One afternoon early in January, I received a stunning text message …
Peter Donnelly (name changed), the key employee of my client Dale Bingham’s company (name changed), had been killed in a freak accident. My client was just touching down at the airport, and was then on his way to be with Pete’s widow. Pete was like a son to him, and this was not going to be easy for anyone.
I felt a deep sense of loss and sadness. Peter was a terrific guy … full of spunk and someone who had lived life to its fullest … and he was going to be truly missed by everyone. Not only was his loss a major blow to his family and friends, but what was going to happen to the business, customers and other employees now that he was gone? Would the company be able to continue?
Pete had been with the company for over 20 years. More important than his day-to-day activities, Pete was responsible for most of the long term relationships that had been developed with their loyal customers. When Dale bought the company in June of 2002, Pete made the transition to the ‘new owner’ almost seamless with the customers, vendors and the other employees following his lead. He was the key man in the business.
The seriousness of the situation turned gradually to a profound sense of relief and thankfulness. Barely three months before, we had put a key person life insurance contract into effect on Peter’s life, with the beneficiary being the business. We couldn’t guarantee Pete’s life … but we could guarantee that his loss of life would not cost the business its life, too. I was relieved and thankful that Dale had been willing to consider the wisdom of insuring Pete, and then take action to obtain the coverage even though Pete’s lifestyle and habits made his insurance premium quite a bit greater than expected.
That decision very likely saved the business. At a minimum, it gave them tax-free working capital to insure several years of profits, and the extra money with which to hire (or steal!) a replacement for Pete.
Key person insurance, also commonly called key man life insurance and key man disability insurance, is an important form of business insurance. According to wikipedia.org, the free on line encyclopedia, “There is no legal definition for “key person insurance”. In general, it can be described as an insurance policy taken out by a business to compensate that business for financial losses that would arise from the death or extended incapacity of the member of the business specified on the policy. The policy’s term does not extend beyond the period of the key person’s usefulness to the business. The aim is to compensate the business for losses and facilitate business continuity. Key person insurance does not indemnify the actual losses incurred but compensates with a fixed monetary sum as specified on the insurance policy.
An employer may take out a key person insurance policy on the life or health of any employee whose knowledge, work, or overall contribution is considered uniquely valuable to the company. The employer does this to offset the costs (such as hiring temporary help or recruiting a successor) and losses (such as a decreased ability to transact business until successors are trained) which the employer is likely to suffer in the event of the loss of a key person.”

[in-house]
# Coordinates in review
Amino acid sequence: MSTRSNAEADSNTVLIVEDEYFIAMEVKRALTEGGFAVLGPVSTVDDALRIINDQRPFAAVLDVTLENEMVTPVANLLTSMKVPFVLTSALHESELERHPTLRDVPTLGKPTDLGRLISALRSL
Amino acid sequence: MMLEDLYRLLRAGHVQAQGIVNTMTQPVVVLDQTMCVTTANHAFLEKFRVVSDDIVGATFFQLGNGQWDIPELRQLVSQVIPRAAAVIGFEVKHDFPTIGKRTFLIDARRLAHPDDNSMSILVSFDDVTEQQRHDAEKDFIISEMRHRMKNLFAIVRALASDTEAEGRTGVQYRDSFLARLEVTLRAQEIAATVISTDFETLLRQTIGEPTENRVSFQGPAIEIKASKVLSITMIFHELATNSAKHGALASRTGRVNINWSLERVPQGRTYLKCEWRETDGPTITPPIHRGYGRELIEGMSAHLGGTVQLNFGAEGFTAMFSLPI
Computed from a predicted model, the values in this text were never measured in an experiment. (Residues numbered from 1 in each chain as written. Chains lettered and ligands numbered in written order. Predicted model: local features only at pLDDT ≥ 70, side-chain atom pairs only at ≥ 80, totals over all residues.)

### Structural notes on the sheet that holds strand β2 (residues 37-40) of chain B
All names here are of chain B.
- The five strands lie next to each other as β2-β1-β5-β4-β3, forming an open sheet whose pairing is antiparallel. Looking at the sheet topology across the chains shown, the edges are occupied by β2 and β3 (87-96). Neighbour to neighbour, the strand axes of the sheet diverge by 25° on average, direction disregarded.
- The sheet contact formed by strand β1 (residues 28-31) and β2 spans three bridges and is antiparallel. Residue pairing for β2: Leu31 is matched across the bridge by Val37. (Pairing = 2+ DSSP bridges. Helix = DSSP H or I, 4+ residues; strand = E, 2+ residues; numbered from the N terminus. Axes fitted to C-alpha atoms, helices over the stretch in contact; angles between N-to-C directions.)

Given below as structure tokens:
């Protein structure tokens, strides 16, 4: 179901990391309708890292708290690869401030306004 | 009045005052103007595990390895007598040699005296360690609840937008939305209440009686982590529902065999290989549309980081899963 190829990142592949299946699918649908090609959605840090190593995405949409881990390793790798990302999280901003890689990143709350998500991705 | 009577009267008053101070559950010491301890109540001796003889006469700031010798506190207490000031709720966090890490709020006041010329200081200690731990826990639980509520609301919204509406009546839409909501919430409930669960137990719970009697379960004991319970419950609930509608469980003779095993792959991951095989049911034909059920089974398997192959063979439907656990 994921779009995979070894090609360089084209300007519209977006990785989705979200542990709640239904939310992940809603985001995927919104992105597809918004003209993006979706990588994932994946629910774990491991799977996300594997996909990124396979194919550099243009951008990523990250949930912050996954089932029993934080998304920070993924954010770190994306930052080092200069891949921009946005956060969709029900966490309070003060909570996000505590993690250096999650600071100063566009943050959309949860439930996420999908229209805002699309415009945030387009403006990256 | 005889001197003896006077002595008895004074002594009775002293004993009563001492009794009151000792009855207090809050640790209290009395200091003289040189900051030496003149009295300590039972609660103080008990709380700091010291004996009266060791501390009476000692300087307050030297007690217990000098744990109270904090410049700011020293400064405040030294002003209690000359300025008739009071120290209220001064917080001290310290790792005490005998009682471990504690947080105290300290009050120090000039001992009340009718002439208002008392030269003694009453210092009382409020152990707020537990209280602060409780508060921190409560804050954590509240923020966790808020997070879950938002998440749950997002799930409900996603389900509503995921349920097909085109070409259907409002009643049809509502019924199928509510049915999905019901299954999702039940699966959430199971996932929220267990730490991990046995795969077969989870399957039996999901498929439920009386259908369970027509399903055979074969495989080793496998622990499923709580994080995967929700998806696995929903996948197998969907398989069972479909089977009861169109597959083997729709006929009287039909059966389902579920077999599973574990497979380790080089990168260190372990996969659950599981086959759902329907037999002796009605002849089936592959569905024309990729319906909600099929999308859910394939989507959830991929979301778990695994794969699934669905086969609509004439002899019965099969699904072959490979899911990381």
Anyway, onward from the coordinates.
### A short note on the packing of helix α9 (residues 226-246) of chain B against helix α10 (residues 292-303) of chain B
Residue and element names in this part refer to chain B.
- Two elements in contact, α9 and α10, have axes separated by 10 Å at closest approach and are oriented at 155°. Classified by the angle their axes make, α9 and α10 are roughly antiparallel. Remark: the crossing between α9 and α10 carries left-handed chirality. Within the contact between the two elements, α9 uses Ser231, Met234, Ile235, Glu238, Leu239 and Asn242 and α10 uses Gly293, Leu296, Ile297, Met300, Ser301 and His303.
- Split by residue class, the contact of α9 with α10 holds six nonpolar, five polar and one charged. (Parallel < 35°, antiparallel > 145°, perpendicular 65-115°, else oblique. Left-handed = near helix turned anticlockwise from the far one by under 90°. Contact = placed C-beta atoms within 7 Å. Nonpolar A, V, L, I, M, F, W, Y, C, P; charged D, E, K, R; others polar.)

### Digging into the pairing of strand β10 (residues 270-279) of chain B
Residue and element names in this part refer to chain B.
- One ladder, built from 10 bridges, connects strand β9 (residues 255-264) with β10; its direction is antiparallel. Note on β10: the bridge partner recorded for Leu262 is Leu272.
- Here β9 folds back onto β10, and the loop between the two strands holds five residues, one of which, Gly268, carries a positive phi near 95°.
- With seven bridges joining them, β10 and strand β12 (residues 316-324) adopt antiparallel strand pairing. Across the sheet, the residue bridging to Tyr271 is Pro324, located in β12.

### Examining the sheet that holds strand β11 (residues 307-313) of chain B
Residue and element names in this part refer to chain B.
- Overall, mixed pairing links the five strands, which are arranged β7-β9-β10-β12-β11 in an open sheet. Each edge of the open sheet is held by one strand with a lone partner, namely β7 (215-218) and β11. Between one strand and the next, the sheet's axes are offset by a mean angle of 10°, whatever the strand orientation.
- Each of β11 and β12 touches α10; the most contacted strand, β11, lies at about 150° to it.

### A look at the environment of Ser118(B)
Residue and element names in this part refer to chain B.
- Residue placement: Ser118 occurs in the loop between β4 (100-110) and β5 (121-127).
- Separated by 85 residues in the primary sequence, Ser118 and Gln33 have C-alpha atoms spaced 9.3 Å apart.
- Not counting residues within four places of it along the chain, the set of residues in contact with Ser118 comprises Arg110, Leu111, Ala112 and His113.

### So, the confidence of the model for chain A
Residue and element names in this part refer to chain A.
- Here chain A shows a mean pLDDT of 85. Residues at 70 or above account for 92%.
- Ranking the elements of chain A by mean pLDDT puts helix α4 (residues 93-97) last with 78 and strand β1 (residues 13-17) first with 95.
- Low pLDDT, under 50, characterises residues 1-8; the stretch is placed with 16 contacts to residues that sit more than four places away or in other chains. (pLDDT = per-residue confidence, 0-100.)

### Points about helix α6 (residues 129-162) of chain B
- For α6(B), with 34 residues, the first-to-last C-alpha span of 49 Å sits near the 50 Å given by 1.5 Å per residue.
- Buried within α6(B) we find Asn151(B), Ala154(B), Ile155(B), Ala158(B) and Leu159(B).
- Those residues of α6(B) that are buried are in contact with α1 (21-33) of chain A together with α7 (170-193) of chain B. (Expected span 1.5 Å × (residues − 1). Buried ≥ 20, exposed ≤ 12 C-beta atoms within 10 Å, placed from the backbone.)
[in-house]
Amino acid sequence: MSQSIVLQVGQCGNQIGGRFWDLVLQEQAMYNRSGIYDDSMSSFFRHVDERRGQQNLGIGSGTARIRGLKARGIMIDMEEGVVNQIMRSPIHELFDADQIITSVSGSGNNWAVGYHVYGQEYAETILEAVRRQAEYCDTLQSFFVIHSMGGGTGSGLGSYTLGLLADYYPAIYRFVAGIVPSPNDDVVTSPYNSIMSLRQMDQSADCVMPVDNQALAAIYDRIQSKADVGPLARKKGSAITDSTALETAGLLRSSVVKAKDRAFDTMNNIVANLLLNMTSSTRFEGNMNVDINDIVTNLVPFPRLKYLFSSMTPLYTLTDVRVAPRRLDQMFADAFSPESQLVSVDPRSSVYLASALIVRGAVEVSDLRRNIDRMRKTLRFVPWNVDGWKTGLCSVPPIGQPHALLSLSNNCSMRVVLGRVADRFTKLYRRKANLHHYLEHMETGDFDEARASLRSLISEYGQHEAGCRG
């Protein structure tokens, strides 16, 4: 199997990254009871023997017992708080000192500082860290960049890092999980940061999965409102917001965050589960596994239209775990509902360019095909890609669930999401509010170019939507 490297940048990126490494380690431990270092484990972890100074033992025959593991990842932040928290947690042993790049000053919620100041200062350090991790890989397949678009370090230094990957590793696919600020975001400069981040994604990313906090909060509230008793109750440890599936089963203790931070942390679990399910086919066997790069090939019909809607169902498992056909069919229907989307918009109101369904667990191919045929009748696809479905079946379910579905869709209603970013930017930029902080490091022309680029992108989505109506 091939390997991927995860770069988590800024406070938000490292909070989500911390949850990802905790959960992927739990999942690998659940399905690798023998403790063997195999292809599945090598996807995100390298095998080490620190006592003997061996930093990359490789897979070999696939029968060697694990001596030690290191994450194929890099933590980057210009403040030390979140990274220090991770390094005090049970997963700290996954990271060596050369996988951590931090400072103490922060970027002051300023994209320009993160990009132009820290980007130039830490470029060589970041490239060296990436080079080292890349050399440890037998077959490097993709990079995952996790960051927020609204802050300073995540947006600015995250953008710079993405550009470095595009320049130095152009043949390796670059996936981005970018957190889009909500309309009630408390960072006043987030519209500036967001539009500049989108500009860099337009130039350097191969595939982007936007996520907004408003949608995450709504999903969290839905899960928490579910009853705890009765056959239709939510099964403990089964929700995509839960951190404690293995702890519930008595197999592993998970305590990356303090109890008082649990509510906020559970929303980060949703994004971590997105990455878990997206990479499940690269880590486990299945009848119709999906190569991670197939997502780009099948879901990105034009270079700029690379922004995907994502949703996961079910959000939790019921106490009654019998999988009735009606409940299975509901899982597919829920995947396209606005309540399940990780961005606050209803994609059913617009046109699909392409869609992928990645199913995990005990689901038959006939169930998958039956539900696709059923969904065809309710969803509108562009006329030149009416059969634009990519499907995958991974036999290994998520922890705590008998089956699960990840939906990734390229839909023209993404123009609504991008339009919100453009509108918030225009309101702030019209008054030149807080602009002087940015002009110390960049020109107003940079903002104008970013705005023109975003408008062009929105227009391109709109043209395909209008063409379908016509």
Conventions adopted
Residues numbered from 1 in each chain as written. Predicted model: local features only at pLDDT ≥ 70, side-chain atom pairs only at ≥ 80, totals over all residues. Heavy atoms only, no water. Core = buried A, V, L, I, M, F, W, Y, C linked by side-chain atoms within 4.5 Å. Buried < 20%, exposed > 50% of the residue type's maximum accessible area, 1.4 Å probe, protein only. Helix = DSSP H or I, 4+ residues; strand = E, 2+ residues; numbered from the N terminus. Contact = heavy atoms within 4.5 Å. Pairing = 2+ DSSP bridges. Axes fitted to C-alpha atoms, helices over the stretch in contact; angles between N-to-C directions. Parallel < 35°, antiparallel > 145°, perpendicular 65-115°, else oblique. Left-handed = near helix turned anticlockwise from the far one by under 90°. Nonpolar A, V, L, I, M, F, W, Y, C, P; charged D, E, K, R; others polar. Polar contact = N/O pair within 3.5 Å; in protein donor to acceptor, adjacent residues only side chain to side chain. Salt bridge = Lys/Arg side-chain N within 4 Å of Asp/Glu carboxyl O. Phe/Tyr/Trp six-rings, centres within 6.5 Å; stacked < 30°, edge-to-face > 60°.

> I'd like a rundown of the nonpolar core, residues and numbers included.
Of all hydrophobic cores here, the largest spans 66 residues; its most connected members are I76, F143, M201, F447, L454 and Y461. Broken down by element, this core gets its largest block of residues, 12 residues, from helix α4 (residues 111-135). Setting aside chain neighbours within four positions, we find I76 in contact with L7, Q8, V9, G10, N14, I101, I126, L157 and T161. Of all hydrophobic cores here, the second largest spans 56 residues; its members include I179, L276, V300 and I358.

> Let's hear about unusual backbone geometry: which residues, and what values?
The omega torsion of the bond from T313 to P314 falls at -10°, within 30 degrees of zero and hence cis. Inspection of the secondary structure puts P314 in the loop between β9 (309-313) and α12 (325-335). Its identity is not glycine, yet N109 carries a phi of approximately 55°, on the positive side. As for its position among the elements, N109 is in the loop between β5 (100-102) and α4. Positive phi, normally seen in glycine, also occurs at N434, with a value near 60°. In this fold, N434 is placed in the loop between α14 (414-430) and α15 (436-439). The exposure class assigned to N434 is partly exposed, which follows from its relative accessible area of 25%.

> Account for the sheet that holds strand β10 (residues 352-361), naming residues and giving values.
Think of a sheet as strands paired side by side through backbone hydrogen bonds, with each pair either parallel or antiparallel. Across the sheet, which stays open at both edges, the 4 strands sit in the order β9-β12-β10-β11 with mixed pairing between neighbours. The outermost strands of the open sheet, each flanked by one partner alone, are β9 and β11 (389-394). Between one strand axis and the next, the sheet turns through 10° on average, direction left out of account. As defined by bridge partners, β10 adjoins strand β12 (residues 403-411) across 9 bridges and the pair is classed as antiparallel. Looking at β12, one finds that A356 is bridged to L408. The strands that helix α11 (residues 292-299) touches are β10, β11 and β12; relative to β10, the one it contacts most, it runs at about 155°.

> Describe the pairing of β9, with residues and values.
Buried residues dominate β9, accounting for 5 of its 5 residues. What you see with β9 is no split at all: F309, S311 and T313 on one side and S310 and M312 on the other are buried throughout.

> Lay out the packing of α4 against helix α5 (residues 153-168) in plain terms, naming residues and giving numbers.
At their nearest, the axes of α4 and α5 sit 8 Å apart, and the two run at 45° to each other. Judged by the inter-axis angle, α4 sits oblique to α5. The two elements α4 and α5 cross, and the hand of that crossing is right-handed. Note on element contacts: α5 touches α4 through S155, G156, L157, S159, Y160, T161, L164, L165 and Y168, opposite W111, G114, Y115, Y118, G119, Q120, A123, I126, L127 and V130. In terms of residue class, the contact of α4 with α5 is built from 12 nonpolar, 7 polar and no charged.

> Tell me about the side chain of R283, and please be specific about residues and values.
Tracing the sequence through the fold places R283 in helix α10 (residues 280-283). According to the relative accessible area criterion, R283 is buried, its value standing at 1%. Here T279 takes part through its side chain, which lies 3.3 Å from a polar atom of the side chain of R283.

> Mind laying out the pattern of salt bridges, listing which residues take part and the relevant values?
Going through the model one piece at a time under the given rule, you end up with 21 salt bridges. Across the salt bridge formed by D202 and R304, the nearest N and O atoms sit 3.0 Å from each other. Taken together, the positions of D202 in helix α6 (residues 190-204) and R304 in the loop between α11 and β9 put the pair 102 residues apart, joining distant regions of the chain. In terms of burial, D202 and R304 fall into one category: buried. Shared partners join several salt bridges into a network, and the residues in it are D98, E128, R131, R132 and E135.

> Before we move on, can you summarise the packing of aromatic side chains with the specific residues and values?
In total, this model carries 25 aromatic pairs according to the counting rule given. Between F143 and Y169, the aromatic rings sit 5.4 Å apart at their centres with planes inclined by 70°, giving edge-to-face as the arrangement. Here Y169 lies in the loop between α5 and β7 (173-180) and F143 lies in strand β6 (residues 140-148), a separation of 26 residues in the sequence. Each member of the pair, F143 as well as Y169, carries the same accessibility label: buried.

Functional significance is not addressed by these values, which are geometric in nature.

As defined above, key person insurance refers to both life insurance and disability insurance. And, both are equally important to businesses. As was the case with Peter, unexpected death does happen. An even greater and more common risk is long term disability. Securing both key man life and key man disability on all key employees is the best option for minimizing risk.
Not all key employees are easily insured. Pete had led a very active lifestyle. Although he was only in his early 40’s he was a smoker and he thrived on adventure. He lived hard and fast. Dale did pay more for the premium on Peter’s life insurance than most would have cost. But a special note, even when life insurance proves too costly or worse, unavailable, accidental insurance may be a good solution.
It is important to mention the ever changing tax laws. Since August 17, 2006 the Pension Protection Act of 2006, which includes the COLI Best Practices Act, requires all employers to report annually all business-owned key person life insurance policies to the IRS. If proper record keeping and reporting is not maintained, and the Notice and Consent requirements as well as the Exceptions and Record Keeping and Reporting requirements are not met, the tax burden for the business can be significant. Unfortunately many CPA’s are unaware of Form 8925 that must be filed annually.
The loss of Peter Donnelly will have a big impact on Dale Bingham’s business for many a long time to come. But with the good fortune of a key person life insurance contract in place, the company has been able to maintain stability during the initial adjustment period. Although most of the 120 company employees will tell you they’ve been deeply affected by Pete’s loss in January, the business is now back to an almost normal rhythm, and the future feels secure.
Dale hasn’t been able to fill Pete’s shoes yet with just one person, but the customers and vendors have all stayed with the company thanks to the key person insurance which created a business-as-usual confidence even with Pete gone. Key person life and disability insurance can save your company from being dramatically impacted when “life happens”…..Having a stream of income after an untimely accident can:
- Buy you time
- Insulate your profits
- Insure continuity
Contact R. J. Kelly (858) 569 – 0633
Written by R. J. Kelly – August 2012